Portland is a city recognized as one of the country’s leaders in terms of transit. Interestingly, the place deemed as a transit success story actually has residents that prefer driving alone to work rather than taking public transportation. According to a 2012 U.S. Census Bureau American Commuting Survey, 80.6 percent of those who work in the Portland area go by car and 71.2 percent drive alone.
If most commuters prefer to drive, surely many people aim to have their own automobiles. Unfortunately, the car buying process is fraught with challenges. Often what makes most customers apprehensive about the transaction are the scams. If you will be buying a car soon, be wary of the following scams:
Yo-yo financing: This is probably the most common dealer scam. The dealer lets the buyer drive home with the car, with the latter thinking that the deal was closed. Sometime after the car was driven home, the dealer will contact the buyer and say that the financing fell through. The buyer is given the option to either return the car or pay extra. Protect yourself from this scam by getting financing before heading to the dealership. If you must get financing from a dealer, read the contract carefully and make sure there is no clause that says the financing is pending approval and that you are required to return the car if it fell through.
Deceptive advertising: Some dealers trick consumers with advertising. They post an ad where the details seem too good to be true because they really are. They promote attractive price offers, but in reality, only one car is offered at the given price. When you walk into the lot, you will see the same advertised vehicle at a different color and it comes with a different price. In order not to fall prey to such scam, read the fine print and contact the dealer to check the availability and price of the vehicle you like before visiting the dealership.
Credit theft: There are dealers that pull the credit reports of even those car buyers who already have financing. Know that they are prohibited by federal law to pull your report without your permission. Some dealers are brazen enough to take out several loans under the name of the consumer for a single car. Refuse to fill out a credit information form if you already have a pre-approved loan and pull your credit after you bought the car to see if any other loans were taken out under your name.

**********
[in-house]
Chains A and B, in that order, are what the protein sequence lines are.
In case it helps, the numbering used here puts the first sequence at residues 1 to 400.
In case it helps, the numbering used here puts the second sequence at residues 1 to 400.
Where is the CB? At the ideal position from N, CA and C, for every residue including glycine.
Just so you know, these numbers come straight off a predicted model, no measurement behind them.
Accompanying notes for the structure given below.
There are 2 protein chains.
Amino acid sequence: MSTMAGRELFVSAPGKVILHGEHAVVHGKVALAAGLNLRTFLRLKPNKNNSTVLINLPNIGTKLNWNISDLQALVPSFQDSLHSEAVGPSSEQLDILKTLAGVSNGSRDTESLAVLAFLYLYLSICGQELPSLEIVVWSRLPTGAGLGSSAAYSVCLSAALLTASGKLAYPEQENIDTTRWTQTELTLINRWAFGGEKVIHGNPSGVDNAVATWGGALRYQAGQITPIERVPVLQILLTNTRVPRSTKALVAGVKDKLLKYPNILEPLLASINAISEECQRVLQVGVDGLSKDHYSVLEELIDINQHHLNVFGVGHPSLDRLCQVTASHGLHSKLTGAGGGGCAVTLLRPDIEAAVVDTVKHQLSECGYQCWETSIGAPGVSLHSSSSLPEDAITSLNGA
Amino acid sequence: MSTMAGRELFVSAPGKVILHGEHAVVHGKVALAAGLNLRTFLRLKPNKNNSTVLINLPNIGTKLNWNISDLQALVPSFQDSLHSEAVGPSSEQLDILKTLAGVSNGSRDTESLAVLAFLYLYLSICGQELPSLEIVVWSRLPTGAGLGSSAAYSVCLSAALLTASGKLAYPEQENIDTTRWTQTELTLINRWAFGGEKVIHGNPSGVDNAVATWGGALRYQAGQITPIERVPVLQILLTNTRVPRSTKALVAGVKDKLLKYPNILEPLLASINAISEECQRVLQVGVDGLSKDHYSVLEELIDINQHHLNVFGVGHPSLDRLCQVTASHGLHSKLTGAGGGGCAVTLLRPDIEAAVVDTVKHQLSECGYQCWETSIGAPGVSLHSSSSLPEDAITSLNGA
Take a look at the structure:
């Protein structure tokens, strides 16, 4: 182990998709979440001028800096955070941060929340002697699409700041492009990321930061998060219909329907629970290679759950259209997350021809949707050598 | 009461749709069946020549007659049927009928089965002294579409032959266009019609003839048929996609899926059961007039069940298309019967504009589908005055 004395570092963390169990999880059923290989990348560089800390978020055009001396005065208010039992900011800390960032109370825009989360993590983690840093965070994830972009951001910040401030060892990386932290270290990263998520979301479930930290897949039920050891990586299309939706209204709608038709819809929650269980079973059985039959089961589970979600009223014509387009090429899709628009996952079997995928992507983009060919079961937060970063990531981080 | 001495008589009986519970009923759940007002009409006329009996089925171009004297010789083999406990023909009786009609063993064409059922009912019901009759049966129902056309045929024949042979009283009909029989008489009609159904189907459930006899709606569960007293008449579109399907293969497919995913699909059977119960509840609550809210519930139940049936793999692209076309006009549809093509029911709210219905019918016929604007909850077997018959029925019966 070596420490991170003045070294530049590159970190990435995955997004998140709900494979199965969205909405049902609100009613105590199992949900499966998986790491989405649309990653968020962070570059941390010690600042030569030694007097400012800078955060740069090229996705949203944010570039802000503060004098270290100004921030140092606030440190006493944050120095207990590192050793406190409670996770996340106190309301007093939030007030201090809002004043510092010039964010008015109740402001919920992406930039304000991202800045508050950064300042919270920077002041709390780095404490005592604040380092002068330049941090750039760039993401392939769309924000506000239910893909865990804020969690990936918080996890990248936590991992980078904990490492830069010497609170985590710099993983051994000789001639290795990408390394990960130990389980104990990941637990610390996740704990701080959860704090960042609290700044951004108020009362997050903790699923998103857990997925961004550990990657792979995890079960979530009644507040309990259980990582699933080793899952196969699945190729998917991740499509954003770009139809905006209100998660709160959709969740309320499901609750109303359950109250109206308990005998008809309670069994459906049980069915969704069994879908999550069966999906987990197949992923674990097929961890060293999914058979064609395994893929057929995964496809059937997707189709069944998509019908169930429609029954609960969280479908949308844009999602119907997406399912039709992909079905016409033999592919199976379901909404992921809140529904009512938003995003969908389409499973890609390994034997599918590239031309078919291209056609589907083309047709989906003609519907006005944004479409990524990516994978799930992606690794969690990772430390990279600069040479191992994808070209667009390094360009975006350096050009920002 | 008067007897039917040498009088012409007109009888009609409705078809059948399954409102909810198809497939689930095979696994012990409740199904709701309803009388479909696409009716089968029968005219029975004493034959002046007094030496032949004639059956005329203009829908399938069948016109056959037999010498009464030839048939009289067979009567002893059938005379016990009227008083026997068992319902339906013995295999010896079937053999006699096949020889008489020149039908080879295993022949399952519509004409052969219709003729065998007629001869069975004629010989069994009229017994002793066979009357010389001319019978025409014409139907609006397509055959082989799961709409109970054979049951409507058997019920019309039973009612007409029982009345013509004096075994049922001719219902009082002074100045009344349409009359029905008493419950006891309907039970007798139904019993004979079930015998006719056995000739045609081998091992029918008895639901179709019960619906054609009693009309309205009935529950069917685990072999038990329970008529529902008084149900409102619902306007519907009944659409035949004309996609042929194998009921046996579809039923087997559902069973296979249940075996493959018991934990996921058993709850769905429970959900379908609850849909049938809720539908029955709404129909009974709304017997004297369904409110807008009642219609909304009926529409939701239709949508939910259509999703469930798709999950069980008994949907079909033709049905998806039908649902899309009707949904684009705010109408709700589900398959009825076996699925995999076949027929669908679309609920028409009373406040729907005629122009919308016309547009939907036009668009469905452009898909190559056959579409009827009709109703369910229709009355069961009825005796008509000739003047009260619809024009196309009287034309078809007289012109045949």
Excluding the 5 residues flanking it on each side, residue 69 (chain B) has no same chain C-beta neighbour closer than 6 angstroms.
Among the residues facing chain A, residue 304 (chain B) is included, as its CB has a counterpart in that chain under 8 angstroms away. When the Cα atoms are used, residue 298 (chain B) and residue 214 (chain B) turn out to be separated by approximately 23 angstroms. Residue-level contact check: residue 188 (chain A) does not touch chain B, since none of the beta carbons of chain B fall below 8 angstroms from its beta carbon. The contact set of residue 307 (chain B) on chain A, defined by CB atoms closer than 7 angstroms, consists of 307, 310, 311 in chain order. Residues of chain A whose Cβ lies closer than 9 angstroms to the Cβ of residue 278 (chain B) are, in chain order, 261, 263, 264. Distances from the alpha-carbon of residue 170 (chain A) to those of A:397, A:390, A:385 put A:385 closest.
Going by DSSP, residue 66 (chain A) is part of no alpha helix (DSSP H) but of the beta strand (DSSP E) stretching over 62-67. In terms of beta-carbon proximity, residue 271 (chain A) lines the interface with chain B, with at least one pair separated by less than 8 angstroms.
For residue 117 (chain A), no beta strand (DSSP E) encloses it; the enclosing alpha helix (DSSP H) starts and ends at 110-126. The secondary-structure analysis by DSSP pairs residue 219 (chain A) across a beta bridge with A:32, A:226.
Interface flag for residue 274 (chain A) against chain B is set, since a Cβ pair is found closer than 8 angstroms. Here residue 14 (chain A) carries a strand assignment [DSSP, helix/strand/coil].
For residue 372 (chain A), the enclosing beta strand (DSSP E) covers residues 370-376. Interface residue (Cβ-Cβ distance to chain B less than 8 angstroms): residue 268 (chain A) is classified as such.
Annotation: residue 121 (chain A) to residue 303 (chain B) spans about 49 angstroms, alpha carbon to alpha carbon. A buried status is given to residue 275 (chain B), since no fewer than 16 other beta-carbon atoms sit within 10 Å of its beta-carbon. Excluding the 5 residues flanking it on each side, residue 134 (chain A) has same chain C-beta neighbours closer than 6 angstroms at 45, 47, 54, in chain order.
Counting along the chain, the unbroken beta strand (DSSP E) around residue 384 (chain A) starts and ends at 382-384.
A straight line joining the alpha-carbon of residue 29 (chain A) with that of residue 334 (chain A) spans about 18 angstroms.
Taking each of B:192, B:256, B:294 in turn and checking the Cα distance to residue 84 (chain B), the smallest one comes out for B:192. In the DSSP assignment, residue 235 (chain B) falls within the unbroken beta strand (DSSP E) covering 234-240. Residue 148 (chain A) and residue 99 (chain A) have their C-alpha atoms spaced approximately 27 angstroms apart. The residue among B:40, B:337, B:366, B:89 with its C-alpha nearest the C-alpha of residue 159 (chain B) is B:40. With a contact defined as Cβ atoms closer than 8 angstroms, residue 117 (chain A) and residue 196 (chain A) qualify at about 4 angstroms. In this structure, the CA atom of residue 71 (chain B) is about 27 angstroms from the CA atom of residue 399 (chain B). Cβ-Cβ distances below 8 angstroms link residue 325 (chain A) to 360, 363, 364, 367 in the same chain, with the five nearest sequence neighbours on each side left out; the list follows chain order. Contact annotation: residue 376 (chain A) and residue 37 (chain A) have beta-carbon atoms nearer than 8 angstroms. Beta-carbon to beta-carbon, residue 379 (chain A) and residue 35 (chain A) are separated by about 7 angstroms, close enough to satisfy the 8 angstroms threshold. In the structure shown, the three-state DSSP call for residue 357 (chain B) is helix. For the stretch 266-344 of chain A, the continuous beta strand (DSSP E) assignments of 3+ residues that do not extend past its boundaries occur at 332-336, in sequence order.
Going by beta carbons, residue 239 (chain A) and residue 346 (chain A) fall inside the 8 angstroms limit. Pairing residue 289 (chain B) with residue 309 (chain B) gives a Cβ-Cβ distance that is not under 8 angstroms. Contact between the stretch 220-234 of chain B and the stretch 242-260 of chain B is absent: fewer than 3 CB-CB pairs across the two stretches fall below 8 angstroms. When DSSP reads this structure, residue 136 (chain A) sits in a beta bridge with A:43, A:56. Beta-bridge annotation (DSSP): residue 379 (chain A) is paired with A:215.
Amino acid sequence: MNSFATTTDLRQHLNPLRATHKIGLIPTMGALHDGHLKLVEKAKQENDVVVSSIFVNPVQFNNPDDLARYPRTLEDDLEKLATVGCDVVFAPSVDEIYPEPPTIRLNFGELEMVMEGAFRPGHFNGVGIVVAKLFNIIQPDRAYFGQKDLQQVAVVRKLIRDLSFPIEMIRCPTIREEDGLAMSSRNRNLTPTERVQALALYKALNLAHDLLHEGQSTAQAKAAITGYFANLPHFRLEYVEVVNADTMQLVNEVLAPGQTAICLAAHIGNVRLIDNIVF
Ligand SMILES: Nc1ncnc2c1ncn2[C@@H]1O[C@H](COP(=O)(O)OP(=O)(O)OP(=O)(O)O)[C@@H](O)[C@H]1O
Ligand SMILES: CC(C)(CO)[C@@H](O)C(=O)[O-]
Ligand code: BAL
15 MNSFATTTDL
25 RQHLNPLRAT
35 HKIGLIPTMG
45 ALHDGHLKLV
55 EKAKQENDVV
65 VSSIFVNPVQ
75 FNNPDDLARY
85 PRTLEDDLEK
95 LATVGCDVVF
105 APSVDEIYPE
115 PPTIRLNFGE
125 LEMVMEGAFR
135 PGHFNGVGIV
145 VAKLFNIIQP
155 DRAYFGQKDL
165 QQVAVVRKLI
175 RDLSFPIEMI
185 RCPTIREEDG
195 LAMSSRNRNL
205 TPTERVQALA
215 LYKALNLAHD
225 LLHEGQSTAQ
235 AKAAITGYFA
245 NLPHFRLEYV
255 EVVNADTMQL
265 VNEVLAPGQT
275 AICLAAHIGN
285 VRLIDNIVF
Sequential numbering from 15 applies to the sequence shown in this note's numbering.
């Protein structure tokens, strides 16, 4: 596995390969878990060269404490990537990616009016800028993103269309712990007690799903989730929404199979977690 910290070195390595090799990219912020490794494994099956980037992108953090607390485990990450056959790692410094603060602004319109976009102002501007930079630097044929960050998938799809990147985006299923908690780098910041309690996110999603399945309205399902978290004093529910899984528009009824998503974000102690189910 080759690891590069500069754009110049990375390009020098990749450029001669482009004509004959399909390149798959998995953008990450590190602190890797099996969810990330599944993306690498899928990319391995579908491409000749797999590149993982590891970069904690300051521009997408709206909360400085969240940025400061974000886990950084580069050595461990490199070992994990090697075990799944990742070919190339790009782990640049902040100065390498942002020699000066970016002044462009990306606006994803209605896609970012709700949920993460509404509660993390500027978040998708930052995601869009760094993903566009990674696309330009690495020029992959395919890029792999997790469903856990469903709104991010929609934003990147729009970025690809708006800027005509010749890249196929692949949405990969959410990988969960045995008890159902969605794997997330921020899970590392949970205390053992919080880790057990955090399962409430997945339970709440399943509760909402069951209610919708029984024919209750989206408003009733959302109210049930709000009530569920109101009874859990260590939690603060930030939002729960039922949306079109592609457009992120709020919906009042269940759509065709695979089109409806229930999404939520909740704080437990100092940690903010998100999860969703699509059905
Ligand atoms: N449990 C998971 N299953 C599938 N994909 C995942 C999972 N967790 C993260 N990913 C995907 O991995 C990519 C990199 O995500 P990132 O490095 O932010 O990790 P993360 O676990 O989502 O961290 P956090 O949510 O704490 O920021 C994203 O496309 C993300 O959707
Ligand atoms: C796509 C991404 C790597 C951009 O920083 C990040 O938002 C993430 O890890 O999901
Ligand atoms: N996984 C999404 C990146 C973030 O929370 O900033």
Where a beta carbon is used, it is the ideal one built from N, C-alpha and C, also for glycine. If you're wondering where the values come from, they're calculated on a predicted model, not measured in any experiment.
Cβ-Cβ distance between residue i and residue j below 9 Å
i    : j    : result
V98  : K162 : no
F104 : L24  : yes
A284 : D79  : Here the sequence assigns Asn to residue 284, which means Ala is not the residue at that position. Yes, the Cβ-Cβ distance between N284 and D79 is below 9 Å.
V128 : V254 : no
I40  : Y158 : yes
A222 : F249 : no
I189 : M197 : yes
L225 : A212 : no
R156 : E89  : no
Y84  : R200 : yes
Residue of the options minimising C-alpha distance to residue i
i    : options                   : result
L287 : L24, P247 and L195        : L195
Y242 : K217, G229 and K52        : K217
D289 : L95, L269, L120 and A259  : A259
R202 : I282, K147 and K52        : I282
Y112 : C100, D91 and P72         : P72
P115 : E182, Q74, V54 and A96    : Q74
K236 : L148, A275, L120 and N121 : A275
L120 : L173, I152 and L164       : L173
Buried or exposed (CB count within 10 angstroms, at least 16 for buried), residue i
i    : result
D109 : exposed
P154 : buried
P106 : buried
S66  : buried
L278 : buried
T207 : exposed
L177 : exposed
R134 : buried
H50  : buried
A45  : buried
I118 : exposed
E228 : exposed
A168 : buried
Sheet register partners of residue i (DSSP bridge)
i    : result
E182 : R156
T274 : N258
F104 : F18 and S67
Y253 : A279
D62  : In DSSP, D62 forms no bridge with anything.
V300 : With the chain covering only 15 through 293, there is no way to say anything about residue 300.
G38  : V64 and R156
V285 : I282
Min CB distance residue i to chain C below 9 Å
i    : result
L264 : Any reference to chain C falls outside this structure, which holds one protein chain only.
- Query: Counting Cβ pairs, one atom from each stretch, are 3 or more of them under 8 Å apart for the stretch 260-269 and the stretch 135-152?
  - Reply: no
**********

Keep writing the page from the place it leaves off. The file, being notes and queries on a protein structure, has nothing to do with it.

Upfront fees: Many dealers take advantage of car buyers with bad credit by charging unnecessary fees. Some mark up their prices after they find out the shopper has weak credit. While those with bad credit are really charged with higher interest, they shouldn’t be charged with exorbitant upfront fees. Check your credit before you start car shopping and don’t sign anything unless you have read the entire document.
Selling salvaged or damaged cars: Unscrupulous dealers make a wrecked or damaged vehicle look great on the outside, then sell it ‘as is’ for full price. Shoppers who don’t know better purchase the car only to be surprised by serious flaws later on. You can avoid bringing home a lemon by having a trustworthy mechanic check the vehicle before you buy it. The mechanic will tell you what repairs have been done, if there are any. During the test drive, see if all the equipment function well.